Trembling With Fear 12/19/21
Christmas is drawing in. We’ve actually put our Christmas tree up, a bit later it seems than many folk but I don’t like to do it too early – which can cause disputes with my youngest who does like to put them up at the beginning of the month. But she’s not home yet so we’ve been able to delay! The decorations look good though and it’s nice to be able to celebrate in our new home and helps us to put the whole covid issue to the back of our minds for the moment. We’re currently waiting for our booster jabs.
It’s been lovely seeing the short flash stories coming in now that we’ve opened up again. However, can I please remind folk that the length is generally 800-1500 with some flexibility, ie we do take stories of around 500 or 1800 words but prefer people to hit the range mentioned. Anything longer is just not for us unless you wish to be considered for a serial. In this case, send in your longer story split into instalments which match the word range.
Trembling with Fear starts with Oxi by R. Wayne Gray is a story with a warning and some nice touches of dark humour. The setting of a site which disposes of medical waste is one ripe for exploitation and the Gray does this in full, pretty much revelling in the possibilities. What other workplaces could you bring to TWF?
On the Factory Floor by Hillary Lyon has some nice touches of humour with assumptions made in the workplace which actually disguise something more chilling.
Search Party by Tom Trussel takes us into the forest and thus into the realm of folk horror with a clever twist.
Walking in Stories, Stalking in Dreams by Steven Holding talks directly to the reader and challenges your reality.
And finally, have a peaceful and restful Christmas – and thank you for supporting TWF and Horror Tree so strongly.
Enjoy our stories and send in yours!
Another year is closing in! I know that the holiday season tends to either be fantastic or horrible for everyone so I do hope that those who have it rough are able to seek out comfort in friends.
In case you missed it, we’re currently giving away multiple digital copies of the anthology ‘Spawn: Weird Horror Tales About Pregnancy, Birth, And Babies’ edited by Deborah Sheldon!
New changes and expansions are in the works! We did make one minor addition for the writers who love the calendar view on the site. You’re now able to subscribe to it! Details can be found here.
Oxi by R. Wayne Gray
Headlights briefly lit the worn bricks of the outer warehouse wall, glaring off the metallic font of a sign reading Direville Medical. A pickup truck rolled by, tires flattening debris as a shadowed figure in the truck’s back dropped two dark bags near a shallow loading dock. The truck rolled on, and darkness settled back over the alley.
It didn’t last long. A metal door at the side of the loading dock squealed open, bright light stabbing into the alley in a narrow arc. A figure in a lab coat shambled through the door, glancing at the receding truck, down the other direction, and back. The figure offered a feeble wave, snagged the bags, and dragged them through the door. The silhouette of a cat peered out, jumping back as the door closed with a rusty clang.
From the inside, the warehouse didn’t look much better. It had once been painted red, but all that remained were flaking, faded lipstick strips. A sewer grate with exposed bars – thick water sluggishly flowing towards treatment plants in the city – covered the floor near a small incinerator. A few chairs, a table, and a couch were scattered around the dimly lit space.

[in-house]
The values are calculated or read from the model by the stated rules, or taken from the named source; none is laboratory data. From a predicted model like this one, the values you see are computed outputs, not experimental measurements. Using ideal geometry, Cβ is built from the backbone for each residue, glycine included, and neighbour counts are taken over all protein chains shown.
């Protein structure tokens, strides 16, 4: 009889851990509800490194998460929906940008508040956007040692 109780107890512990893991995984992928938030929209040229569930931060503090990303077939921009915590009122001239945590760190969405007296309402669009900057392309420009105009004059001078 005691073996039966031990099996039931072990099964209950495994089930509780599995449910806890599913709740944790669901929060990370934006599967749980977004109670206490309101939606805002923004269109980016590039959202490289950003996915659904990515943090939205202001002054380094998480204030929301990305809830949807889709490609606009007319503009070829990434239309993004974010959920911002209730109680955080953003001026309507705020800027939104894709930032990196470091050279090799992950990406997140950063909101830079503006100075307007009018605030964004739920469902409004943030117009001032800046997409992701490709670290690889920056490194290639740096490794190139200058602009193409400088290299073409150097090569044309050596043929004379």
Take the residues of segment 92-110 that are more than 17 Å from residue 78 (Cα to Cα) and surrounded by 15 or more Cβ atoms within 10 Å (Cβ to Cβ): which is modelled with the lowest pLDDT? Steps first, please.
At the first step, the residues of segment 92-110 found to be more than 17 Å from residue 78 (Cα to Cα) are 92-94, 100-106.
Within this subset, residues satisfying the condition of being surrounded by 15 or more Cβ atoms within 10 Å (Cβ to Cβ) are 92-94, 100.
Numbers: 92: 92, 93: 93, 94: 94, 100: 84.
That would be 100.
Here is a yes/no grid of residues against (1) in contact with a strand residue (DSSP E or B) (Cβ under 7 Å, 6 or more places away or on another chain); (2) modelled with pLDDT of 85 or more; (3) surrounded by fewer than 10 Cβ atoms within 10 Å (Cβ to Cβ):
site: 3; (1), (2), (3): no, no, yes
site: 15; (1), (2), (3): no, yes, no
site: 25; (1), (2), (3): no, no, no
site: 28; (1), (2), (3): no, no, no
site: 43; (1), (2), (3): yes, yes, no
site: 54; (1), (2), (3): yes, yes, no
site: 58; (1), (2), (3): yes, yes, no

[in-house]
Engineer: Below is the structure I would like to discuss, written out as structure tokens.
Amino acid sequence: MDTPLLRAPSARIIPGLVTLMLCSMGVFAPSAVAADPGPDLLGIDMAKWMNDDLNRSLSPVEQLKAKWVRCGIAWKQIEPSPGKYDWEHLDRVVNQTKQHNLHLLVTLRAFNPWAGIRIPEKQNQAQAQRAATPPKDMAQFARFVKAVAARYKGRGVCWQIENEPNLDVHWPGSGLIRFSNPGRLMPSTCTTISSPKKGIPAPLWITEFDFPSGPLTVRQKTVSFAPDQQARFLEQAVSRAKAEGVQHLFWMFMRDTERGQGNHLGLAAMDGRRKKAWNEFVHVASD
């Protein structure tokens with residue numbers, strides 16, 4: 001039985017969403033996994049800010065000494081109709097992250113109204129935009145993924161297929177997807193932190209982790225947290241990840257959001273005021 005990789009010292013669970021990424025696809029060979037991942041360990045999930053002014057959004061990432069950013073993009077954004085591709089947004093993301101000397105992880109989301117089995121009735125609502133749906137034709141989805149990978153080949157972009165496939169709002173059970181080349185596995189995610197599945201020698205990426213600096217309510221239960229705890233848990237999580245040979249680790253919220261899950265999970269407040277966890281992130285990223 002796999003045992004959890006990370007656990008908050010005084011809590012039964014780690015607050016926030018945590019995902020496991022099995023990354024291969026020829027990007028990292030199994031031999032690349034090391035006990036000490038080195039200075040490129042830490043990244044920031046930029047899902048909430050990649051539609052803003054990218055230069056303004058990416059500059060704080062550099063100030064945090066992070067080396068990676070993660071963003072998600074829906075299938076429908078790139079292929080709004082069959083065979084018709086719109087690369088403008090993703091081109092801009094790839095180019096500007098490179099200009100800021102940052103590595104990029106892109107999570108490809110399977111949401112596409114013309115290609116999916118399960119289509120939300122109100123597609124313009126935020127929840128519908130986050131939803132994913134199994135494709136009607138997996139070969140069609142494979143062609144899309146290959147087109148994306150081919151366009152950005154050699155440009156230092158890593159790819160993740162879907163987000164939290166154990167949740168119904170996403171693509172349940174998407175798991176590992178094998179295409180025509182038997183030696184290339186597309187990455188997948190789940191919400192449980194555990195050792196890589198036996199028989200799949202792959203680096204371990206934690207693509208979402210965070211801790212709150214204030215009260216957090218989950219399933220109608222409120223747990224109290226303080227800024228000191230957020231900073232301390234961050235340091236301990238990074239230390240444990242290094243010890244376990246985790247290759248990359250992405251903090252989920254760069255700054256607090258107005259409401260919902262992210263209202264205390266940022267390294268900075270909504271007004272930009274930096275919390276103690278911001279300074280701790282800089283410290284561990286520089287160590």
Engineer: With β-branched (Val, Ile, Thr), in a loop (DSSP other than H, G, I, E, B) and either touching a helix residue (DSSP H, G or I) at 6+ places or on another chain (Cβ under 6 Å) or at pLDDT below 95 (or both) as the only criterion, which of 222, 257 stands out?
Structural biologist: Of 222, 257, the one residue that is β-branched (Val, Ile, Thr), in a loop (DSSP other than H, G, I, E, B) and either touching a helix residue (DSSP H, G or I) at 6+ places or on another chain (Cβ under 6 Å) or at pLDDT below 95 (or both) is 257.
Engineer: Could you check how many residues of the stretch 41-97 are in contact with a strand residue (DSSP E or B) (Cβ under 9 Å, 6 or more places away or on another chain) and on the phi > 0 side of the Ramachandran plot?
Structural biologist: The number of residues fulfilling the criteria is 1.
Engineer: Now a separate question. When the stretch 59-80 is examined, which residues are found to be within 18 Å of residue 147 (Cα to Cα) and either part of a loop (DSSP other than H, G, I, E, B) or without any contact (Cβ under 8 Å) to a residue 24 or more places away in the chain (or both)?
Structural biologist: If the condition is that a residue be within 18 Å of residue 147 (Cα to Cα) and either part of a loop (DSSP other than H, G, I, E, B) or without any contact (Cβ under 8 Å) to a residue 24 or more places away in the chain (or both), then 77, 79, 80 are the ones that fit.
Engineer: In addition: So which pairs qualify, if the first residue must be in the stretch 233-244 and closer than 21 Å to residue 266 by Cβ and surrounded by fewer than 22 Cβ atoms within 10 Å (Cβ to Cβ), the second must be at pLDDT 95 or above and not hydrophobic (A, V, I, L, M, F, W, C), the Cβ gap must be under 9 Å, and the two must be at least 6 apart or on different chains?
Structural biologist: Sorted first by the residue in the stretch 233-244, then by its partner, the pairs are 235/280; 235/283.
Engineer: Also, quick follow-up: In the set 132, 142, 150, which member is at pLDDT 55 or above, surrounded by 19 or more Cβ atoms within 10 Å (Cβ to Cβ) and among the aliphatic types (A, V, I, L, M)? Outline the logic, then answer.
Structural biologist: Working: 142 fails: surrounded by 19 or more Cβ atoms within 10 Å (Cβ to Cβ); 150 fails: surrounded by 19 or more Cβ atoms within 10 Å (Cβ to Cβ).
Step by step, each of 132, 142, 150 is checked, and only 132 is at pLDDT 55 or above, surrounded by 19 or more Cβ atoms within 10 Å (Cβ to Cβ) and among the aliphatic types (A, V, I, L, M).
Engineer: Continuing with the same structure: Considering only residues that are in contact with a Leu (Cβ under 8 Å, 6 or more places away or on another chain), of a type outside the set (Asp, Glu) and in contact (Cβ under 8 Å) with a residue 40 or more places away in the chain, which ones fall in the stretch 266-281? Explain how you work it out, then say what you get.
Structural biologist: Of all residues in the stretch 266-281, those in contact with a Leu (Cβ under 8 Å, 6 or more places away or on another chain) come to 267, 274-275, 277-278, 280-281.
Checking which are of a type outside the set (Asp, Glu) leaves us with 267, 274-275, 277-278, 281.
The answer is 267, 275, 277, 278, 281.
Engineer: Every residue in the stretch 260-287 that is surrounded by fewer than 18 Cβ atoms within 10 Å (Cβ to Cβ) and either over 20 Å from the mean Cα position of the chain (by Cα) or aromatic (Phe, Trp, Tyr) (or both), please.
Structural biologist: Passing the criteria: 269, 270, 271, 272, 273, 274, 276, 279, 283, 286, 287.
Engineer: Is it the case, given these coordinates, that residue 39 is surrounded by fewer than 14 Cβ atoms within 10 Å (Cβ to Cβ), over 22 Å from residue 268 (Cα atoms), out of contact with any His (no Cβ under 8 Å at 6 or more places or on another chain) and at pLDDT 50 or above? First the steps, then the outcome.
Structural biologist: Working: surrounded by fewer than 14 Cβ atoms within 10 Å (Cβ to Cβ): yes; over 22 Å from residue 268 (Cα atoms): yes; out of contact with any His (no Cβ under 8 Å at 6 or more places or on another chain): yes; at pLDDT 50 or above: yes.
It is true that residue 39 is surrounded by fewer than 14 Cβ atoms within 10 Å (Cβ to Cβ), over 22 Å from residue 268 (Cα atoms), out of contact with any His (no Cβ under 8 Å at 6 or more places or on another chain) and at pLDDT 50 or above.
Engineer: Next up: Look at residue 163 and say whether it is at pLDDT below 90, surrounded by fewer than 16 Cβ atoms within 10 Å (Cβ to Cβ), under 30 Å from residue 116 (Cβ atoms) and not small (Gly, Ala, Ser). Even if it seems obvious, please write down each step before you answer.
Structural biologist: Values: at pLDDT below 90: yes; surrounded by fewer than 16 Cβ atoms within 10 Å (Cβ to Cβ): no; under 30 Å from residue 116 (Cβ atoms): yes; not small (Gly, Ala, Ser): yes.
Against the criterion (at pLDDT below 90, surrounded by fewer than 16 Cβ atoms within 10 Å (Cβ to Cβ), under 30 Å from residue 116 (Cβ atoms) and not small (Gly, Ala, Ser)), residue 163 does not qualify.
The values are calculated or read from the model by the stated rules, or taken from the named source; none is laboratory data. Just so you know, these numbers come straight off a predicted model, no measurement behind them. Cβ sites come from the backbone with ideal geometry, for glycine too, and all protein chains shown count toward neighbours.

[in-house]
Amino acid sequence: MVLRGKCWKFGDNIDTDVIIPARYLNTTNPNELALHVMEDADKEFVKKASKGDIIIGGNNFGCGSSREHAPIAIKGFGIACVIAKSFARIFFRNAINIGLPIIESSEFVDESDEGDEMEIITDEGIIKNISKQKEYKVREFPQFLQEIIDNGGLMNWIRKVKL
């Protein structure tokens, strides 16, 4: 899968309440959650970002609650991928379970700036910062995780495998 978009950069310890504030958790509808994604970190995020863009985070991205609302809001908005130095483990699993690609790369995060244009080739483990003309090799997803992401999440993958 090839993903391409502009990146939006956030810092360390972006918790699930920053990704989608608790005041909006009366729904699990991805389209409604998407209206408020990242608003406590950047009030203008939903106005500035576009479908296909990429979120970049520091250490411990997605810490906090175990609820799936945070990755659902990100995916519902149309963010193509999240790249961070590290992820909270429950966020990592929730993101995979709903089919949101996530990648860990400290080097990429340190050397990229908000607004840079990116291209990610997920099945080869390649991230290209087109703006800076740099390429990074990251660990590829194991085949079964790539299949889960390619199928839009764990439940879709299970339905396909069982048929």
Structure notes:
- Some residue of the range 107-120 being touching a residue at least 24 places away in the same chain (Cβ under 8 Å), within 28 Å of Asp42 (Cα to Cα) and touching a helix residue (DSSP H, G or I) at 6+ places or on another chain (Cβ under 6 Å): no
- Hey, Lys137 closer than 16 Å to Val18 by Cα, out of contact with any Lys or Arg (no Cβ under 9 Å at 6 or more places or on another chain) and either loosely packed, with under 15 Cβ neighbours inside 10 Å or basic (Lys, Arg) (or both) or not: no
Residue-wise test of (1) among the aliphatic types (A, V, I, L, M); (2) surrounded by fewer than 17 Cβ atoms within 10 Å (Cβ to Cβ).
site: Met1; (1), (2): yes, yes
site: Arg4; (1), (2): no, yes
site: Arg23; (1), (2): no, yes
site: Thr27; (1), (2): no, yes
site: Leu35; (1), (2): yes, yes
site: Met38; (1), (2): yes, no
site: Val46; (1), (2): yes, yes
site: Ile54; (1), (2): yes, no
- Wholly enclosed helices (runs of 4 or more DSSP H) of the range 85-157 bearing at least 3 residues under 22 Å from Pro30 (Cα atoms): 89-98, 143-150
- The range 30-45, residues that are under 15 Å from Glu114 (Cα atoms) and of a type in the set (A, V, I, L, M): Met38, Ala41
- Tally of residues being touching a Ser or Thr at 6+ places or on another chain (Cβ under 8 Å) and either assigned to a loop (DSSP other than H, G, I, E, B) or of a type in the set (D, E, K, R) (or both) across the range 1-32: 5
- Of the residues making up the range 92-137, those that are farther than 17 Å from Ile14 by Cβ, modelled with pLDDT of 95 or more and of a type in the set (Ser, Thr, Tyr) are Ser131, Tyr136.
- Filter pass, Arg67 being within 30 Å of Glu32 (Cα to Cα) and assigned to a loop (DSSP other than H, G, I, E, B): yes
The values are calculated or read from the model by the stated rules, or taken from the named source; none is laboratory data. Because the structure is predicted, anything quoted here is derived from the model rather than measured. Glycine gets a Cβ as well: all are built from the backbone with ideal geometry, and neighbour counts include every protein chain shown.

The man set the trash bags down near the incinerator and pulled a cigarette from a pocket reading “Les.” He was tall, bordering on emaciated, with thinning red hair and a craggy face that put him in his early 40s. The face screwed up, and he gave a light kick to one of the bags, sending the cat hopping back a pace or two.
“First dibs, Mr. Whiskers,” said Les. He fired up the cigarette with a thin butane lighter. “You know the rules.”
Mr. Whiskers meowed in agreement, perhaps impatience. Les slipped the lighter into his pocket, cigarette dangling from his mouth. He pulled daintily at the knot of the first garbage bag, trying to tease it loose.
“Let’s see what we’ve got here, hmm?”
Les got the first bag opened and started pawing through it. He pulled out wads of cotton, cloth, a bloody sponge that he curiously sniffed. A partially-gnawed human finger exited the bag. This he lobbed in the direction of Mr. Whiskers. The cat sniffed it, batting the finger with a hesitant paw.
Les yanked his hand from the bag, a hypodermic needle dangling from one finger. He pulled the needle out and threw the syringe back into the bag, thrusting his hand fearlessly in after it. Les grunted.
“Here we go…” he said, pulling out his newest treasure. It was a pill bottle, a large one, coated in blood and yellow… something. Les shook the bottle, grinning as the contents rattled.
Les wiped at the fluids obscuring the bottle. Someone had written on the label with a black marker, big letters almost wiped illegible, all except for one small bit towards the bottom.
“O-X-I… holy baloney, Mr. Whiskers. OxiKontin! I loooove my job!”
Les wiped his hands on the lab coat and fumbled open the top of the bottle. The pills he shook out were round, white, and slightly convex. They held no markings.
Les tossed a pill to Mr. Whiskers and tucked the rest of the handful into his mouth. He petted the cat – who had apparently filed the pill under edible – and stood.
“Break time, Mr. Whiskers. Let’s let these kick in.”
Les headed for the couch to wait for the fun to start.
Half-an-hour later, Les was off the couch, his face drawn, a hand clutching his mid-section. He walked slowly to the incinerator, opened the door.
“I dunno, Mr. Whiskers. Maybe we got a bad batch or something,” he said as he reached for one of the bags. He stopped, his eyes sweeping the lab.